One issue that is frequently litigated in Arizona work injury claims is whether or not additional medical care is necessary or not and whether or not it is related to the industrial injury. Usually there is a treating doctor on the side of the applicant wanting to perform additional care and a defense medical expert on the side of the carrier saying either that no further care is needed, or that any additional treatment is not related to the work accident.
The problem with litigating these medical issues is that they can often take forever to litigate, often up to 10 or 12 months. Meanwhile, the injured worker is suffering and not receiving any compensation. One solution that I often recommend to my clients is proposing a "tiebreaker" IME to the carrier/employer's attorney. A tiebreaker is a truly "independent" medical exam where the physician is agreed to by the two parties and a joint letter sent explaining the tiebreaker agreement.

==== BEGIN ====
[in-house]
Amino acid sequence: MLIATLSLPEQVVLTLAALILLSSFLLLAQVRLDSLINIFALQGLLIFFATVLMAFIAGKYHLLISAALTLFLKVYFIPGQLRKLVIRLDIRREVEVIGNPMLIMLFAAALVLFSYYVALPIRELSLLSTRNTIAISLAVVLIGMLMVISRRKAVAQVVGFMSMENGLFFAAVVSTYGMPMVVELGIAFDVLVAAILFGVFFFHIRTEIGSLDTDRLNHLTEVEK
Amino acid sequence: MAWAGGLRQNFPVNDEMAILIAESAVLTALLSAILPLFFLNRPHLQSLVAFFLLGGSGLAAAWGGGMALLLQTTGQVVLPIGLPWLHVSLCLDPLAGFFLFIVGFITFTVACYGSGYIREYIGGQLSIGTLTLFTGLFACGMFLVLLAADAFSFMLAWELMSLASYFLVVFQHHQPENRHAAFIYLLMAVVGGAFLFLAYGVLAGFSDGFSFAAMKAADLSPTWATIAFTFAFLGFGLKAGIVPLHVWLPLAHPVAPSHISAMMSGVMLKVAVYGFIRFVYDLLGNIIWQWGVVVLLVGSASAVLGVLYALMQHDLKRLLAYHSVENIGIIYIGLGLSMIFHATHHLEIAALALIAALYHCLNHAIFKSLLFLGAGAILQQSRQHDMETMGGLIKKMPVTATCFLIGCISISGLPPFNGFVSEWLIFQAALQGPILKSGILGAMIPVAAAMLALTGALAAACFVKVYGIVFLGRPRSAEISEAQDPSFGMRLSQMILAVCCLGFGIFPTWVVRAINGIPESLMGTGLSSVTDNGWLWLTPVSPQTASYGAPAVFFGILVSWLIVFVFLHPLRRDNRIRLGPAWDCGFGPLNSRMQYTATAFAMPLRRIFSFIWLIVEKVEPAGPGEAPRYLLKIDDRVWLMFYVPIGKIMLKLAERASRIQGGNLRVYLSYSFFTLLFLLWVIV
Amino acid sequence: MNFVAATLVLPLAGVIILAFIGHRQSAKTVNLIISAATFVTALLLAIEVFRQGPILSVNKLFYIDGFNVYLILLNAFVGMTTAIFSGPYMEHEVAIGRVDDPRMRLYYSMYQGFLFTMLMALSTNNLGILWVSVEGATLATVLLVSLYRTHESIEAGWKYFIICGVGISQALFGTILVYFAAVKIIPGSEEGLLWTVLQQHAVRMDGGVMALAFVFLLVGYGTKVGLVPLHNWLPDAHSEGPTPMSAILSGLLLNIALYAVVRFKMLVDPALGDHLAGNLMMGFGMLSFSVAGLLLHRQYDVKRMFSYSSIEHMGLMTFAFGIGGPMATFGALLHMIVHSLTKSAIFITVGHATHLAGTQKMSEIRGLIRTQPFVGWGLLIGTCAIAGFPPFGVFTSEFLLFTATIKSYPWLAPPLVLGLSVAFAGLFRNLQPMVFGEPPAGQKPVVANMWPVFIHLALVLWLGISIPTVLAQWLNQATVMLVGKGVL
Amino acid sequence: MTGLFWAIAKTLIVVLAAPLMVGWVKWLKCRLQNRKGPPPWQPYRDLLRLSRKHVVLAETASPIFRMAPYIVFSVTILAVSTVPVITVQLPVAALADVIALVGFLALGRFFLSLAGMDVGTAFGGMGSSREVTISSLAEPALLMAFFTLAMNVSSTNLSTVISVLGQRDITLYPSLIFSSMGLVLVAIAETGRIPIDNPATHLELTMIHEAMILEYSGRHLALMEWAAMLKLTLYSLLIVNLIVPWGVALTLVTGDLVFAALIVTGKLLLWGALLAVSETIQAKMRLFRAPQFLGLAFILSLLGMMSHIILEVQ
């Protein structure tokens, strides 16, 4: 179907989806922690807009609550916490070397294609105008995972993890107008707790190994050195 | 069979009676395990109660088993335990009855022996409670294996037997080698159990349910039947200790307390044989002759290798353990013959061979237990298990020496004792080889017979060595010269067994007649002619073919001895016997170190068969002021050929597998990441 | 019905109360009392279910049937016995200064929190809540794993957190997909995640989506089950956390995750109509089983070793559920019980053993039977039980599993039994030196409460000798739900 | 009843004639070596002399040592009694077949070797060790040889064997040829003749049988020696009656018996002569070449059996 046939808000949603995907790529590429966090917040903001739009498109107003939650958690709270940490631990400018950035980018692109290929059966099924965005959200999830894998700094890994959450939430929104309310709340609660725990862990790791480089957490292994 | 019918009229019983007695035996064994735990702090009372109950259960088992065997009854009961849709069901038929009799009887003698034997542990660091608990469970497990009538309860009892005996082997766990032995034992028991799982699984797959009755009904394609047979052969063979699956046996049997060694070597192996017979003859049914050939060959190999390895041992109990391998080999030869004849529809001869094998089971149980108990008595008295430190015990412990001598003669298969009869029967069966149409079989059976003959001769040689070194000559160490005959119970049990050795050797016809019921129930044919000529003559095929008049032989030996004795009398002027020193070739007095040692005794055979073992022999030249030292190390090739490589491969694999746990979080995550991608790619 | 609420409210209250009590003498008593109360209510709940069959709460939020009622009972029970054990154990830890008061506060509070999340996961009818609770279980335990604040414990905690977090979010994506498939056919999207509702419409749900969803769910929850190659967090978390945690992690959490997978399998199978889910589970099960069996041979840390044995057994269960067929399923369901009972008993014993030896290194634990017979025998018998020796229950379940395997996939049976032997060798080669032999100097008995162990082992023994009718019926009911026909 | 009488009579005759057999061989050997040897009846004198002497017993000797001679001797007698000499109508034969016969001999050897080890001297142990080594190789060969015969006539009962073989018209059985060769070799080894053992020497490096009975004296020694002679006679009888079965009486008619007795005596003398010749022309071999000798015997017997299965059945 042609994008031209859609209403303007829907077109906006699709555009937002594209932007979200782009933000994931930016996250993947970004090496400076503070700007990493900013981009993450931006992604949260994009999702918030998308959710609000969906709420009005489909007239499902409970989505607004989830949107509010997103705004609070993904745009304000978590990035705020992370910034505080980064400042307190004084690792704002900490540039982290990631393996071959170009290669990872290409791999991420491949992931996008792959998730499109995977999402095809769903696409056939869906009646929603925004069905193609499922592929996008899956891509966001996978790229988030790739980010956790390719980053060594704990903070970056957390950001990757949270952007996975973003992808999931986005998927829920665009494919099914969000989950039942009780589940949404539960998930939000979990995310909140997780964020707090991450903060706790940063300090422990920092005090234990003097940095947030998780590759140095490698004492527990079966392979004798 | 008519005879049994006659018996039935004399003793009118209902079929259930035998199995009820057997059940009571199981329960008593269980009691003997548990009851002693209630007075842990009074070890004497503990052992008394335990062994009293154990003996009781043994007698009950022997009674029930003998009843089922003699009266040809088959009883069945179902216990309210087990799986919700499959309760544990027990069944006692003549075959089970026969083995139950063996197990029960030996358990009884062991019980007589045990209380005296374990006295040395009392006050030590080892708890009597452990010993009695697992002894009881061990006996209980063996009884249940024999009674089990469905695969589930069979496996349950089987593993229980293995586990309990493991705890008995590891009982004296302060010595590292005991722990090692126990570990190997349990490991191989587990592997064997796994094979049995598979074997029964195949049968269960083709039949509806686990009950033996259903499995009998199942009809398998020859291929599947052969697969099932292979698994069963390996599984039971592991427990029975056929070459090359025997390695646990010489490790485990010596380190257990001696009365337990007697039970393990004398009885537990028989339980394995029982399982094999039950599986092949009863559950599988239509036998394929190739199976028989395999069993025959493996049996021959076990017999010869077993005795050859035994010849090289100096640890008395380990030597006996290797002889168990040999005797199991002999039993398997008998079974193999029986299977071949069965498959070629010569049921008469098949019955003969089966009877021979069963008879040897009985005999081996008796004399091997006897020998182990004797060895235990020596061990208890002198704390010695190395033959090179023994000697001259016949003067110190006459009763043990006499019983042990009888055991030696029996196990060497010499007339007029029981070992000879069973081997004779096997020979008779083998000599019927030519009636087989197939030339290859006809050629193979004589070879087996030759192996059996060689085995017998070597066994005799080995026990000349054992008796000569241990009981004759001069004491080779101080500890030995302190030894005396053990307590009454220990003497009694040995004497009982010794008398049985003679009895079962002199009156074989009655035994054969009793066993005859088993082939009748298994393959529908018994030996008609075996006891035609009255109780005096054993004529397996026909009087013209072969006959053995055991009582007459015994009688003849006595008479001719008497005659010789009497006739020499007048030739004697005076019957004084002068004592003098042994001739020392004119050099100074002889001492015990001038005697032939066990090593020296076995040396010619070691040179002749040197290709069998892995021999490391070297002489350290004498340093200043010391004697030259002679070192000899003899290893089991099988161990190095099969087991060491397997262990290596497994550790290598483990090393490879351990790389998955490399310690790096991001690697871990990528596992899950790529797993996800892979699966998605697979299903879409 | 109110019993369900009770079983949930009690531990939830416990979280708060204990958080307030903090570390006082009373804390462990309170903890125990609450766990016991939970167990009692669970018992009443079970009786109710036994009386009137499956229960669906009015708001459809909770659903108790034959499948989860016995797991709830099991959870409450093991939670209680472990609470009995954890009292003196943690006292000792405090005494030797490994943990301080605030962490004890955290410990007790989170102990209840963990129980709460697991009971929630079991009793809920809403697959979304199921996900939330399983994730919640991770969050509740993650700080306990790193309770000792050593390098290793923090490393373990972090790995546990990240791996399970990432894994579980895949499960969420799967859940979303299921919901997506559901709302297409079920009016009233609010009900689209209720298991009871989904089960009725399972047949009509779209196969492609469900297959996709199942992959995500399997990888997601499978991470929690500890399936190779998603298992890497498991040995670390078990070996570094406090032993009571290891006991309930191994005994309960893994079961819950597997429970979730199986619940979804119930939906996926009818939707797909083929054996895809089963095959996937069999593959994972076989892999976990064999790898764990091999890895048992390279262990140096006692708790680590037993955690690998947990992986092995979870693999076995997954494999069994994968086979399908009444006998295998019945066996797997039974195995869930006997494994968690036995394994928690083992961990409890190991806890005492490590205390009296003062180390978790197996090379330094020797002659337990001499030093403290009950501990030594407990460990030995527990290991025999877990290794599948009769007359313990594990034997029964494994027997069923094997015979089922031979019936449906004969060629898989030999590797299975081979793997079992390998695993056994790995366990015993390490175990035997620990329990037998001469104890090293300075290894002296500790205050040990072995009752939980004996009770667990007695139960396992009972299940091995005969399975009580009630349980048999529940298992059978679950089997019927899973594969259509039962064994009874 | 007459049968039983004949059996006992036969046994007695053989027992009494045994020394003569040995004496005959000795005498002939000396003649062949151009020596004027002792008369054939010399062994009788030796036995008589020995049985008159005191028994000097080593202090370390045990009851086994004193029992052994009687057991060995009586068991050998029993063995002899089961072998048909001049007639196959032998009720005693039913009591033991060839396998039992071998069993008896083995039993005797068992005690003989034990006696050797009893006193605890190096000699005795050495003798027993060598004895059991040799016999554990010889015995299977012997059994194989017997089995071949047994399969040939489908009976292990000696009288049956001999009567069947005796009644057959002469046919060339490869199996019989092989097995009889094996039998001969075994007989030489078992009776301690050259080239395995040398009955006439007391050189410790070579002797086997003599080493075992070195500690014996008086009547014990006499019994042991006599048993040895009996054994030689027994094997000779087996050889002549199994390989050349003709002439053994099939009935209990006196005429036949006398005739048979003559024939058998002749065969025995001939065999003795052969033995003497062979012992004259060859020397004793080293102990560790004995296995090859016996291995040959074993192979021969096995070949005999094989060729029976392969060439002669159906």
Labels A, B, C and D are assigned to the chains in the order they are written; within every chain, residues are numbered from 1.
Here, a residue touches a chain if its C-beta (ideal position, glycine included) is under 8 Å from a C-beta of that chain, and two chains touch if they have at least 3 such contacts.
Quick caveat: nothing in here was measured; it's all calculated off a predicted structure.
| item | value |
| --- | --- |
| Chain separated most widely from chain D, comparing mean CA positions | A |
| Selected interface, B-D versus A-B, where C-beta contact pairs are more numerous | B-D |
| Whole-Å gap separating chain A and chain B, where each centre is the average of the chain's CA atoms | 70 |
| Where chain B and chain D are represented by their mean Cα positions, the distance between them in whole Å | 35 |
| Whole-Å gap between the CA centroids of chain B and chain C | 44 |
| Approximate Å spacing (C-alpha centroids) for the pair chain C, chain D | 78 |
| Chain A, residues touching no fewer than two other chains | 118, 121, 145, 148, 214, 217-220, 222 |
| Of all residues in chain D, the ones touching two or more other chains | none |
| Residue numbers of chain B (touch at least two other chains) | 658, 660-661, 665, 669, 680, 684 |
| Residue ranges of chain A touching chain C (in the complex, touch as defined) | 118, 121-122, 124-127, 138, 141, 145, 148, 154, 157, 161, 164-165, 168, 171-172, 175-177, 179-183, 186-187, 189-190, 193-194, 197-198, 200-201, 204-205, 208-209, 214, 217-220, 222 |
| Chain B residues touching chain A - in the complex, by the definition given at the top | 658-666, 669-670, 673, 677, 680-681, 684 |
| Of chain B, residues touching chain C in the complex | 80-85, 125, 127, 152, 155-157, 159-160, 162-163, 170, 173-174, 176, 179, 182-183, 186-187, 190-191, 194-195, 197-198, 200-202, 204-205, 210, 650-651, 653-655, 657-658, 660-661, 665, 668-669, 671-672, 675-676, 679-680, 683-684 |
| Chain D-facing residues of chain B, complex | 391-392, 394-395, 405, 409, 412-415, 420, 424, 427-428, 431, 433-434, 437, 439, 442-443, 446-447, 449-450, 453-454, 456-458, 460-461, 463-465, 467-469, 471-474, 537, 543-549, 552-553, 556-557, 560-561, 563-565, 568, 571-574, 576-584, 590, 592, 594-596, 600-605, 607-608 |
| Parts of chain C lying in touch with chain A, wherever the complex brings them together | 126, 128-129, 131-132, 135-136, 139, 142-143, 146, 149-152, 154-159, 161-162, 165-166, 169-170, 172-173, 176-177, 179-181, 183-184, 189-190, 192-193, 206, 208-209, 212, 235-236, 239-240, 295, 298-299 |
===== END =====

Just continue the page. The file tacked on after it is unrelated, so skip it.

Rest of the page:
There are positives and negatives about these kinds of agreements. On the positive side, the injured worker gets a decision about their claim much sooner and it is made by a doctor, not a judge. On the negative side, if the doctor indicates that no further treatment is needed, the injured worker is bound by that opinion.
Tiebreaker IME's aren't always the best option, but in cases where I feel that the diagnostic testing is strong and my client is very credible, I'm comfortable recommending them as an alternative to the lengthy litigation process.
Chad T. Snow and his associates at Snow, Carpio, and Weekley are workers compensation attorneys in Phoenix and Tucson Arizona. Their office can be reached at (602) 532-0700 or (520) 647-9000.